13 Piotte, Jean-Marc, Le syndicalisme de combat, Montréal, Éditions coopératives Albert Saint-Martin, 1977, p.28.
14 Piotte, op. cit., p. 30. Our translation.
15 For a discussion on the desired size and composition of a student union, see www.studentstrike.net/5-further-readings/building-local-student-unions/. Last accessed September 7, 2014.
16 We can see general assemblies as “[…] deliberative processes that amplify diverse viewpoints, utilize heterogeneous sets of organizational resources, and maintain accountability structures that limit the negative influence of bureaucratic routinization and maintain openness to new practices”. Walker, Edward T., “Social Movements, Organizations, and Fields: a Decade of Theoretical Integration”, Contemporary Sociology: A Journal of Reviews, 2012, n°4, p. 584.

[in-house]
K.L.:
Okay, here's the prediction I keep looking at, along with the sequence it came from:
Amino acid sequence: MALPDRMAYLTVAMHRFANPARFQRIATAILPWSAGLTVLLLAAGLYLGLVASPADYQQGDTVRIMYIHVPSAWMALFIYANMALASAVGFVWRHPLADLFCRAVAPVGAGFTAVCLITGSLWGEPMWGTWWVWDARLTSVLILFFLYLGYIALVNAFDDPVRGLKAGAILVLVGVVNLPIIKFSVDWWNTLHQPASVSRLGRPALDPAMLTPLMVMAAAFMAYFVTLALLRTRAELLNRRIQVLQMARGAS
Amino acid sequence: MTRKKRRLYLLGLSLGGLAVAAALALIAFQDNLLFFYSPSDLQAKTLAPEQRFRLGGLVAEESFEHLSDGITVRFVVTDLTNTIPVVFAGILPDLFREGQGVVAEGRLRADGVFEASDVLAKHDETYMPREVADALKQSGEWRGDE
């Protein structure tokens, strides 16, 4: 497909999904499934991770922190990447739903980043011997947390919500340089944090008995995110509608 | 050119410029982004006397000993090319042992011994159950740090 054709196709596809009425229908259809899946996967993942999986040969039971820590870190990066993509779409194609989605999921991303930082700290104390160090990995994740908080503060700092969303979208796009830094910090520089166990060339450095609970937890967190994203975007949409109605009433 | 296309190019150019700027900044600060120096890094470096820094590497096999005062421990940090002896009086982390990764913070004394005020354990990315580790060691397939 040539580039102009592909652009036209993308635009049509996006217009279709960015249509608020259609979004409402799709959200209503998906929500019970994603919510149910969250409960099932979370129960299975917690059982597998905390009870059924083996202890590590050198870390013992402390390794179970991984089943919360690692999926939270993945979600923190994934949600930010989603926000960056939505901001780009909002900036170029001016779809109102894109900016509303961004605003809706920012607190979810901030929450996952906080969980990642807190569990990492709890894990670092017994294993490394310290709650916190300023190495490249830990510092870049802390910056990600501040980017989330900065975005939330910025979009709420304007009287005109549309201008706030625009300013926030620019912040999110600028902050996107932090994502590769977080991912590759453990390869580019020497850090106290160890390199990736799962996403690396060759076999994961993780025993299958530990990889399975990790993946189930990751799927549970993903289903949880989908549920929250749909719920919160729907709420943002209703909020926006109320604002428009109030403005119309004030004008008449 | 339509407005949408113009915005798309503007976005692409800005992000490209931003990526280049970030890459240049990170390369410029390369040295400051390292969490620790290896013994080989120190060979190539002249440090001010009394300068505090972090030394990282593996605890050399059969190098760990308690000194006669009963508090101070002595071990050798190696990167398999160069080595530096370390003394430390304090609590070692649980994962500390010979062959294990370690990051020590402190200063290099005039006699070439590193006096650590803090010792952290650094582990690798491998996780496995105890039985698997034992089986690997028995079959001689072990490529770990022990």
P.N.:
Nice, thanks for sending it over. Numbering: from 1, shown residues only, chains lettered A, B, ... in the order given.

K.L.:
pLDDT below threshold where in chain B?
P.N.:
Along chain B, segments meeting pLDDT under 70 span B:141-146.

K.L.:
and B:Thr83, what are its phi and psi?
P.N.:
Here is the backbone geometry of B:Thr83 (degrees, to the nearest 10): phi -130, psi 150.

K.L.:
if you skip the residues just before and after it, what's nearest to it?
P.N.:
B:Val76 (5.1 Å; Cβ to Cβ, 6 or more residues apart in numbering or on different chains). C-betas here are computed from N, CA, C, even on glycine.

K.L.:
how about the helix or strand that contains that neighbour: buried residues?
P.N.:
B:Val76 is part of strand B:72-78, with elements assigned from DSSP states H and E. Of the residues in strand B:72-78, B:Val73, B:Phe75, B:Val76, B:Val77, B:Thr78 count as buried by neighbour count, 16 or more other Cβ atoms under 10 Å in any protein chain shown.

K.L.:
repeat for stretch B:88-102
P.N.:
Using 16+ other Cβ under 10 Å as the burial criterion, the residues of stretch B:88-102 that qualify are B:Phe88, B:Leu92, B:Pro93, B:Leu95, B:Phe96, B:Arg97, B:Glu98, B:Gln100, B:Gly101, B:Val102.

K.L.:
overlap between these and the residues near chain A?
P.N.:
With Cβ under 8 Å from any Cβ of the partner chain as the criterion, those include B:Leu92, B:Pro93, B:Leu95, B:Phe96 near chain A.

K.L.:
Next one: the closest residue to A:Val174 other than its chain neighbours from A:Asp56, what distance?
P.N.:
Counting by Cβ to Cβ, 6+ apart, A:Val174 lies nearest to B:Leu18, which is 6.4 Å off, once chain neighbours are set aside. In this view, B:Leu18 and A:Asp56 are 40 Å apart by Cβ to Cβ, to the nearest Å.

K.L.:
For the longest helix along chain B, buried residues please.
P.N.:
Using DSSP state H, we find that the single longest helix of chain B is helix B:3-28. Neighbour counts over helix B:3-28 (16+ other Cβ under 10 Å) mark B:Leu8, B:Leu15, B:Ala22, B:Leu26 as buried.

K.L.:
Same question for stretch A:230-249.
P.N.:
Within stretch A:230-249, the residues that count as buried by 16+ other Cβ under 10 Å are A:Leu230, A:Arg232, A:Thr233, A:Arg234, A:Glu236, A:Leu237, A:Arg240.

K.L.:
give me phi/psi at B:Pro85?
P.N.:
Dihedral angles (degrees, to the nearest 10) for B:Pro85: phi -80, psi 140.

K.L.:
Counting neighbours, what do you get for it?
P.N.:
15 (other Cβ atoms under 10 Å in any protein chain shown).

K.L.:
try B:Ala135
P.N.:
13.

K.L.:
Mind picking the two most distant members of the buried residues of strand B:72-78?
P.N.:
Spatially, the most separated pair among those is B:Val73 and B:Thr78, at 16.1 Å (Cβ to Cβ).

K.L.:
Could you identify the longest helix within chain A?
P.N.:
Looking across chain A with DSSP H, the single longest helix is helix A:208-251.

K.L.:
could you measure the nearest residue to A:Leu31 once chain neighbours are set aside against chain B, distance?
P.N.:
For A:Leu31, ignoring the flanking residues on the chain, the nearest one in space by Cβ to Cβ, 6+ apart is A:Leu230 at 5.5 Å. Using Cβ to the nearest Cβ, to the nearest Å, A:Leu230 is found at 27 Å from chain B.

17 Association pour une solidarité syndicale étudiante, “Le syndicalisme de combat”: \www.asse-solidarite.qc.ca/spip.php?article1743&lang=fr#4.1 Last accessed September 27, 2012, our translation.
19 In all CLASSE members associations, the strike was voted as unlimited general strike (GGI: Grève Generale Illimité) which was "unlimited" in principle and in most of the associations, it was renewed in a weekly GA.
20 This does not erase the fact that thousands of students were against the strike and that several student unions did not go on strike. It might be possible that anti-strike students were also empowered by GAs as they became more vocal through participating in the assemblies.